Among comic book fans, Batman: The Animated Series is the Holy Grail. The untouchable. The one that stands head and shoulders above the rest. There's no disputing it's one of the best TV shows ever created, but Young Justice covertly pushed it off the top spot without anyone noticing.
No, this isn't clickbait or a controversial statement for the sake of it, it's just true. Let's say it together now: Young Justice is better than Batman: The Animated Series.
When Young Justice was canceled in 2013 -- after just two seasons -- no one expected it. After all, its premiere episode, "Independence Day," had secured a coveted Emmy and the show was beloved among both critics and fans. In the years after its cancellation, the creators and fans campaigned for it to come back, desperately trying to figure out a way to make it happen. Fortunately, DC Universe heard our cries and the third season debuted in early January.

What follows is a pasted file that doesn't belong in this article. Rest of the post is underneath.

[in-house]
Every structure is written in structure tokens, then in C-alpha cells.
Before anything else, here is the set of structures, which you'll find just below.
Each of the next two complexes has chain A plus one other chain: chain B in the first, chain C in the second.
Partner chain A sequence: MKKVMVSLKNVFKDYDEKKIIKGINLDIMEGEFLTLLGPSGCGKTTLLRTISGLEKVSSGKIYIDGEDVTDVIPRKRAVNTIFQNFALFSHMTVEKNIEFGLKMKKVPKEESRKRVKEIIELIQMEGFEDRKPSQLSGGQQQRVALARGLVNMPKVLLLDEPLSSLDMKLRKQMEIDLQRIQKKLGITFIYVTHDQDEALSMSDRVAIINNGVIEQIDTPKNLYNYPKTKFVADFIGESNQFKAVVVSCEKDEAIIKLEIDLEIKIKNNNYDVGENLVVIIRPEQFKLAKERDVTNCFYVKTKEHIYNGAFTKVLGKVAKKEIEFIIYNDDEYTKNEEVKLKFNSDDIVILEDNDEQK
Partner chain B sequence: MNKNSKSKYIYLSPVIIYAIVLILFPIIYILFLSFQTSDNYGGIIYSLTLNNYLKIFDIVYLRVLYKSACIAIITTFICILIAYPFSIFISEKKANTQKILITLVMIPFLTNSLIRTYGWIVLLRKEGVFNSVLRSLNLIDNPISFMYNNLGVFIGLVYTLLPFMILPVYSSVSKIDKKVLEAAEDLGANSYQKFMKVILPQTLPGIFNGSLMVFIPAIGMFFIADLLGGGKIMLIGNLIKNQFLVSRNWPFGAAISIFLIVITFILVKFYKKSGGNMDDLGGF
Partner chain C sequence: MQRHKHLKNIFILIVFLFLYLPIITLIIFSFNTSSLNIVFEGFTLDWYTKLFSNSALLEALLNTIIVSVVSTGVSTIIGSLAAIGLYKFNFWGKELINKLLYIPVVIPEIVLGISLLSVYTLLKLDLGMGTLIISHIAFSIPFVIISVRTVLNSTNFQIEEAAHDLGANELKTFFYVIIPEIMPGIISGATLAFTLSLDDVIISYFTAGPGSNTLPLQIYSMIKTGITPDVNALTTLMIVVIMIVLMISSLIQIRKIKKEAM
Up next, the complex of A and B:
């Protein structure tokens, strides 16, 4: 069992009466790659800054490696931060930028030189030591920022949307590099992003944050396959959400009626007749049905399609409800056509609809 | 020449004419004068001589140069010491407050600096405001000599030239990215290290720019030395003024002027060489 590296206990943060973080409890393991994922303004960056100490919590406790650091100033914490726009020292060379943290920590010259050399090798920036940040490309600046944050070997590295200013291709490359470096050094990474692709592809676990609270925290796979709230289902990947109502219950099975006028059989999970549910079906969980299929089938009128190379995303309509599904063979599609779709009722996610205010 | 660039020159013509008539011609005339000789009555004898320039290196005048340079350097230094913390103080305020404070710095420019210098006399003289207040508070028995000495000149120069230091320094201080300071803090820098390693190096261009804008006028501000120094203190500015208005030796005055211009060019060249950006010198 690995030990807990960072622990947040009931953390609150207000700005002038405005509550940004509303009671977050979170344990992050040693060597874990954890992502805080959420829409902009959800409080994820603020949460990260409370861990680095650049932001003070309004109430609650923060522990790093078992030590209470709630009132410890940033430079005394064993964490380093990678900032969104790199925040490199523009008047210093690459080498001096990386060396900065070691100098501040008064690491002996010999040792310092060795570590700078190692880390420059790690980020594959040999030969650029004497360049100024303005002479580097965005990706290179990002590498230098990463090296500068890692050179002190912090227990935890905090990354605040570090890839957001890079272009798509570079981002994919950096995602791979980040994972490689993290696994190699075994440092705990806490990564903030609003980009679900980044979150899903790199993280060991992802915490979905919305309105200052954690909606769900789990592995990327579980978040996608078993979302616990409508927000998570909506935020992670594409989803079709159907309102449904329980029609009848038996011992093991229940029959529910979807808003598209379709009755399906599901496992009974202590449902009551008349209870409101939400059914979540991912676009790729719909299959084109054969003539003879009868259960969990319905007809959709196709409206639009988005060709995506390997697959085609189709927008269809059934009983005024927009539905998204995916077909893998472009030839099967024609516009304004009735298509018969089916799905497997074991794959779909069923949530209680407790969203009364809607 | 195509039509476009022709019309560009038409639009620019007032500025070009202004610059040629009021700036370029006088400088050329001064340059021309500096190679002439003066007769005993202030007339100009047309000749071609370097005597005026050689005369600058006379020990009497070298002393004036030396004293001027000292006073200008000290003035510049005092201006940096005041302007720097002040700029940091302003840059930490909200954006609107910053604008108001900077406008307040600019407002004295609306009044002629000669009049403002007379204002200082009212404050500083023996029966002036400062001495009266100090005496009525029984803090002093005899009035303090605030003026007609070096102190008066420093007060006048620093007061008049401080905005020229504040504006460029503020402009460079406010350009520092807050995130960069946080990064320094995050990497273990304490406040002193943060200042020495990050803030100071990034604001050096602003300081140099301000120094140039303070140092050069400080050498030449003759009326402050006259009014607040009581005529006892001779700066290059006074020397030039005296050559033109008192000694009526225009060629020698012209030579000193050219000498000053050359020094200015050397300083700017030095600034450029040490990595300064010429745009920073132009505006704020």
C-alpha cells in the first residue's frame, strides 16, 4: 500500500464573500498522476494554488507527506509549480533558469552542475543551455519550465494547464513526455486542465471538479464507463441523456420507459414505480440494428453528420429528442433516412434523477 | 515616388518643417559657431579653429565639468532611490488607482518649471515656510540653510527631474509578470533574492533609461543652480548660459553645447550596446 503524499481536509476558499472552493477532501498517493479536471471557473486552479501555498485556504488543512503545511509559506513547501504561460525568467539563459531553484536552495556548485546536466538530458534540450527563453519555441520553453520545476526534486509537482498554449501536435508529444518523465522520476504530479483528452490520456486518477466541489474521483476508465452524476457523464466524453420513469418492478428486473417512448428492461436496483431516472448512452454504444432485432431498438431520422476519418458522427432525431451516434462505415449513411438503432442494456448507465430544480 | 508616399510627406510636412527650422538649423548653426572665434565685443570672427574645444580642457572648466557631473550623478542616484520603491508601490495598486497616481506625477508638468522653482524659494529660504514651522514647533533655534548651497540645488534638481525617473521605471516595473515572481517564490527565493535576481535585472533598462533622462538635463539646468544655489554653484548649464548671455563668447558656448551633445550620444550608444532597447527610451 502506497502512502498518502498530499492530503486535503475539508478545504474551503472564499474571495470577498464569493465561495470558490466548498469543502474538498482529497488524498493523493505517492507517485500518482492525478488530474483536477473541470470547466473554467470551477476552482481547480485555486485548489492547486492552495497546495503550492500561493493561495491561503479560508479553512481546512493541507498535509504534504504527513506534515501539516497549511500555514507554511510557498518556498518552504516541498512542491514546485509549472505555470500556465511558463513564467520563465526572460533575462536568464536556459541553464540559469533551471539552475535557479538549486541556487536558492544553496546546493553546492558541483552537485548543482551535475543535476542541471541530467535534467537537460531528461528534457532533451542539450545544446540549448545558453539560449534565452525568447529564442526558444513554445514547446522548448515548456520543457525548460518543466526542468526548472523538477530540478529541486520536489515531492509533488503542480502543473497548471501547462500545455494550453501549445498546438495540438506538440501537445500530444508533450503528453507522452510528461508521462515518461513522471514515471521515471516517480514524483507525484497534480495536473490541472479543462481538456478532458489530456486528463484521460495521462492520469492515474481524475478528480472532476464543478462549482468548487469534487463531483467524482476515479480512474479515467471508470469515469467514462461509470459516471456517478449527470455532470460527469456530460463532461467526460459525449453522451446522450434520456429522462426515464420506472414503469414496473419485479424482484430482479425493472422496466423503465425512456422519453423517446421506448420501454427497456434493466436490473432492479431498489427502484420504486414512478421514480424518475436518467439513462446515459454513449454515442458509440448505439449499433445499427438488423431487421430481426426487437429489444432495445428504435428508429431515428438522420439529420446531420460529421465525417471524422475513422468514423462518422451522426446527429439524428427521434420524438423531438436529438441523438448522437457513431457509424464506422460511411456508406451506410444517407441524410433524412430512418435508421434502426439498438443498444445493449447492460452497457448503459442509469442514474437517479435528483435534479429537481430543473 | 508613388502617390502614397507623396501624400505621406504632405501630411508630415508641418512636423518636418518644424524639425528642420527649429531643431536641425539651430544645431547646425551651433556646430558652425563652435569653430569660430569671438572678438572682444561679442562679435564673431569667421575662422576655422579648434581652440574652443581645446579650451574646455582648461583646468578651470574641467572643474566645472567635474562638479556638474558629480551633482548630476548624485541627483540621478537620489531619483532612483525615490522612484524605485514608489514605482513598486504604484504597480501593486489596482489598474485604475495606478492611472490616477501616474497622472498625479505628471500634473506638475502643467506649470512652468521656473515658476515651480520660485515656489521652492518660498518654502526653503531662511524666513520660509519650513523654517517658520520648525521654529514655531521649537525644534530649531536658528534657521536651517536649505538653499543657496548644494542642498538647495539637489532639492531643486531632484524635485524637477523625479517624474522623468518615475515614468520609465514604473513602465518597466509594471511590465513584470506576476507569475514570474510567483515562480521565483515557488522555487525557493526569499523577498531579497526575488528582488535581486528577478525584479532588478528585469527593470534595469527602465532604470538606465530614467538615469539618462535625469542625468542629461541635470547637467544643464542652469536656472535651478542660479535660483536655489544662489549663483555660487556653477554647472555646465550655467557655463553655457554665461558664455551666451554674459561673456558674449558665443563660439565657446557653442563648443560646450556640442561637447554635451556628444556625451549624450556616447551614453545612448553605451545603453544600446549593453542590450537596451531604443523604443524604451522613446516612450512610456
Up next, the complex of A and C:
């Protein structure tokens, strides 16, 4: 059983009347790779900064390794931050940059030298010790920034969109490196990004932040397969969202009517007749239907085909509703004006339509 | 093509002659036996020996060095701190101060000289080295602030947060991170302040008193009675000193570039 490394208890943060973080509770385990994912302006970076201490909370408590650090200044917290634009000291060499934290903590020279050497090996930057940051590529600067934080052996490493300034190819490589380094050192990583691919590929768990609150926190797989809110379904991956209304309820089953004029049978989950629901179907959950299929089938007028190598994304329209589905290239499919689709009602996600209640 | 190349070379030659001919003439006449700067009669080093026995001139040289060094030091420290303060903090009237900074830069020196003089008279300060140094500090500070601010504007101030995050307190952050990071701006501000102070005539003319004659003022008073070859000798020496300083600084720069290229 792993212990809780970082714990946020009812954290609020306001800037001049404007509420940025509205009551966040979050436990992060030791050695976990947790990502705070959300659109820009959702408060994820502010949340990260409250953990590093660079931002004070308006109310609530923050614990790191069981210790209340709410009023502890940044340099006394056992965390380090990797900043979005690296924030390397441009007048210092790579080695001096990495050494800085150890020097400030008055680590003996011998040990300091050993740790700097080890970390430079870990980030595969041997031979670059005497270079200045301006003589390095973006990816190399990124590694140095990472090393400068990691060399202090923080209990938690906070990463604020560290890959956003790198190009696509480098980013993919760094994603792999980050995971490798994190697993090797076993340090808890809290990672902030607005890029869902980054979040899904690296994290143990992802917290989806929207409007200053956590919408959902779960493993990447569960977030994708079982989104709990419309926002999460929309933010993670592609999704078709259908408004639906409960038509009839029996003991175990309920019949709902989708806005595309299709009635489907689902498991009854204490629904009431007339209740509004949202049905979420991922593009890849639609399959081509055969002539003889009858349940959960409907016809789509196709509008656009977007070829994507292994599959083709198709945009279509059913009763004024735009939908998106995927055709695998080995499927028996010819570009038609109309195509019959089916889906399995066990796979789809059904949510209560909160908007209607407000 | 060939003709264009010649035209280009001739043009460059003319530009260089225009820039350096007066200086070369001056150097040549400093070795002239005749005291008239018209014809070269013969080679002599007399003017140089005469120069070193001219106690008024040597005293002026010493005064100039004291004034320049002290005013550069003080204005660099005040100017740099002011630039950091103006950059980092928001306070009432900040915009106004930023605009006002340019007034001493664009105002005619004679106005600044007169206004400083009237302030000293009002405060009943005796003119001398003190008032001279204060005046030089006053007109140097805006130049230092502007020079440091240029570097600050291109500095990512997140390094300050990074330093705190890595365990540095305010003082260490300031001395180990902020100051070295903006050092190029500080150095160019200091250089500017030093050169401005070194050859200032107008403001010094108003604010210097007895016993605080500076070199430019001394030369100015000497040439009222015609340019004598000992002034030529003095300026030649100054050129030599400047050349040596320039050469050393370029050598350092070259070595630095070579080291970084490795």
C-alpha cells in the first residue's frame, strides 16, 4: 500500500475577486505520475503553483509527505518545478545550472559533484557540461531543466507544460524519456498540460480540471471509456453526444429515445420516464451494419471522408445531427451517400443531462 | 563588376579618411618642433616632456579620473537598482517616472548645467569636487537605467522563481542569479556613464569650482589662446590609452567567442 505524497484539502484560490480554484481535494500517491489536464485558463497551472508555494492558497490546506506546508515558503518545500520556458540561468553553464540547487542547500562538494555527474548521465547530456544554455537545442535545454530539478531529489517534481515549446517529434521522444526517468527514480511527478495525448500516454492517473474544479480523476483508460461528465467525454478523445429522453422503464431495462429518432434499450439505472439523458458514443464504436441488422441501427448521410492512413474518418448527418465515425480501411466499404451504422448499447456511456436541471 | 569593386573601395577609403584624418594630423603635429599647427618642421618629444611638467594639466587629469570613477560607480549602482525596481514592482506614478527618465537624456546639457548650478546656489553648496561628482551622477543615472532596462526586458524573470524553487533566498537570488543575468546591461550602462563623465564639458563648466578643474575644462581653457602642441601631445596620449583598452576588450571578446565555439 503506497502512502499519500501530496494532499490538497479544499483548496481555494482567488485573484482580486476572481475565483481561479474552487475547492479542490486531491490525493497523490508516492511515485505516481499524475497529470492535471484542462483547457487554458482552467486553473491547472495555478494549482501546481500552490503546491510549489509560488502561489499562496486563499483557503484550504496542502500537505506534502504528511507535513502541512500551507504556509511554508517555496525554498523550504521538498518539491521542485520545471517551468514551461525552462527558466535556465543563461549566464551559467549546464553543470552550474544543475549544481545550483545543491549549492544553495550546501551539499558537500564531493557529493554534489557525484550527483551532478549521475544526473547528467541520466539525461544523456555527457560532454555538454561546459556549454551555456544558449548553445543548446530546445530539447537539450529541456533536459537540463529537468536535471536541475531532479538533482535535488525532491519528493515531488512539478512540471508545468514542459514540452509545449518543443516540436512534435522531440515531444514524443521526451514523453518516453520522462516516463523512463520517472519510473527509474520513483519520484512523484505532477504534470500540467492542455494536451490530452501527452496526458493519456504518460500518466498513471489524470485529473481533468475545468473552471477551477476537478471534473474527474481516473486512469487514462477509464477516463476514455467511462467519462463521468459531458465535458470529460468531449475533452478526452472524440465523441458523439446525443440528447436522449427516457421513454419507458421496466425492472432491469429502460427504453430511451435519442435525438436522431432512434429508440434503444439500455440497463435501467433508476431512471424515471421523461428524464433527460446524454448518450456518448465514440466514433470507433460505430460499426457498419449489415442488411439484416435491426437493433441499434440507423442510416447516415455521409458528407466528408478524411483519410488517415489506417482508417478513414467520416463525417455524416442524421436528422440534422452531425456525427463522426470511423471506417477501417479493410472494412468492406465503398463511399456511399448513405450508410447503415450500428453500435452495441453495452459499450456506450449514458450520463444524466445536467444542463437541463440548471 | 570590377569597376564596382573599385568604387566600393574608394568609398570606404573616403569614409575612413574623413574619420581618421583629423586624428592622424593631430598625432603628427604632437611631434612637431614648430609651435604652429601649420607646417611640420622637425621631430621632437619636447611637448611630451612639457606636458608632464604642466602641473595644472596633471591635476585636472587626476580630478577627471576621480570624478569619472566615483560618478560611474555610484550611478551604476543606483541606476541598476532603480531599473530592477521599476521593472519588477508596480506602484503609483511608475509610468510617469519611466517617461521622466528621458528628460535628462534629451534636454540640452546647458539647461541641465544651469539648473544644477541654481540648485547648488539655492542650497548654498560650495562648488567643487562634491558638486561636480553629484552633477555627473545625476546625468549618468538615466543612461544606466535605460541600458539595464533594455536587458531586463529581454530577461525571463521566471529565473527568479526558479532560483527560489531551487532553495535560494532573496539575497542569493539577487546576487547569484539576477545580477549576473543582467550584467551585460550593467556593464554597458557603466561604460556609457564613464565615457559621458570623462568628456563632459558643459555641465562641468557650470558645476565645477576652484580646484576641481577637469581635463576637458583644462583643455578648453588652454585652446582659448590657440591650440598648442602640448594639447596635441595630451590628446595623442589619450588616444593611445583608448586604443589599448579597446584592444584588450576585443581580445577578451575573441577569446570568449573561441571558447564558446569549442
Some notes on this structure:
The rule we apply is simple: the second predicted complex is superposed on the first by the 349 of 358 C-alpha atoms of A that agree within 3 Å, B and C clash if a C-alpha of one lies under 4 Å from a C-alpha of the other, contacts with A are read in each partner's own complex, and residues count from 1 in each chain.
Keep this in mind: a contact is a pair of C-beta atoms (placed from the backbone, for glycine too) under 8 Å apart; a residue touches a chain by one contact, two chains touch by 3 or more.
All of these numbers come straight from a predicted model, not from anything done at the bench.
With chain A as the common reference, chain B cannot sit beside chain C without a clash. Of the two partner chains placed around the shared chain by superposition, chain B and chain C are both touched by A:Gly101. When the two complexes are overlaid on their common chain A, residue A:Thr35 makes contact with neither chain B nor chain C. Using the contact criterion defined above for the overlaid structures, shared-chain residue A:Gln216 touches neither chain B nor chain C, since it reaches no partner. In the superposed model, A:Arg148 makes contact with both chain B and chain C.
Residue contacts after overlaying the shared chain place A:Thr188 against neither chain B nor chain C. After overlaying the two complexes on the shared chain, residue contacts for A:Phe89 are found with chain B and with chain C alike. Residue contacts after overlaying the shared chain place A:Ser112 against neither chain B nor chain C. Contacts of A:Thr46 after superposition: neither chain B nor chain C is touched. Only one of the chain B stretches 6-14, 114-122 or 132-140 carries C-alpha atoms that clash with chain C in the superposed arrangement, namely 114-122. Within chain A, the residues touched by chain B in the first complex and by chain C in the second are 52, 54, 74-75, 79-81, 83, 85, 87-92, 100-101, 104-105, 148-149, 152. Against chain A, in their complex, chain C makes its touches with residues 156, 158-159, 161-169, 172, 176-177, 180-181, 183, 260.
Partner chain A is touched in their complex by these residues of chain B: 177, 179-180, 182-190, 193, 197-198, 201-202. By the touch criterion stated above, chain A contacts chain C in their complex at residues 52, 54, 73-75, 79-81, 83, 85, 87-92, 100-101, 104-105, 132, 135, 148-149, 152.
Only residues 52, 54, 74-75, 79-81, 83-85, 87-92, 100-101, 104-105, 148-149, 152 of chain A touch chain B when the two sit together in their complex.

Six episodes in and with universal acclaim, it's safe to say that the series hasn't lost a beat. It's still as progressive as it was the first time around, with mature, satisfying storytelling at the series' heart.
Unlike Batman: The Animated Series, which kept most episodes self-contained and conclusive, Young Justice had an overarching narrative for an entire season. It transcended the typical animation storytelling style of unconnected 20-minute stories in favor of a design mostly found in network dramas. You were in for the long haul, and missing an episode meant you'd miss something important. It was bingeworthy before that even became a thing.
In terms of the actual topics and themes covered, you only need to look at the metahuman trafficking angle of Season 3 to see how ballsy the writers are. While most animated shows would rather tell lighthearted, coming-of-age stories, as they're afraid to step on too many toes, Young Justice acts as a smart metaphor of the current times. These heroes aren't high-fiving each other and making fart jokes; they're dealing with legitimate crises and clever references to the challenges we face as a society today. Heck, the show is even more serious and topical than most of the live-action Arrowverse programming.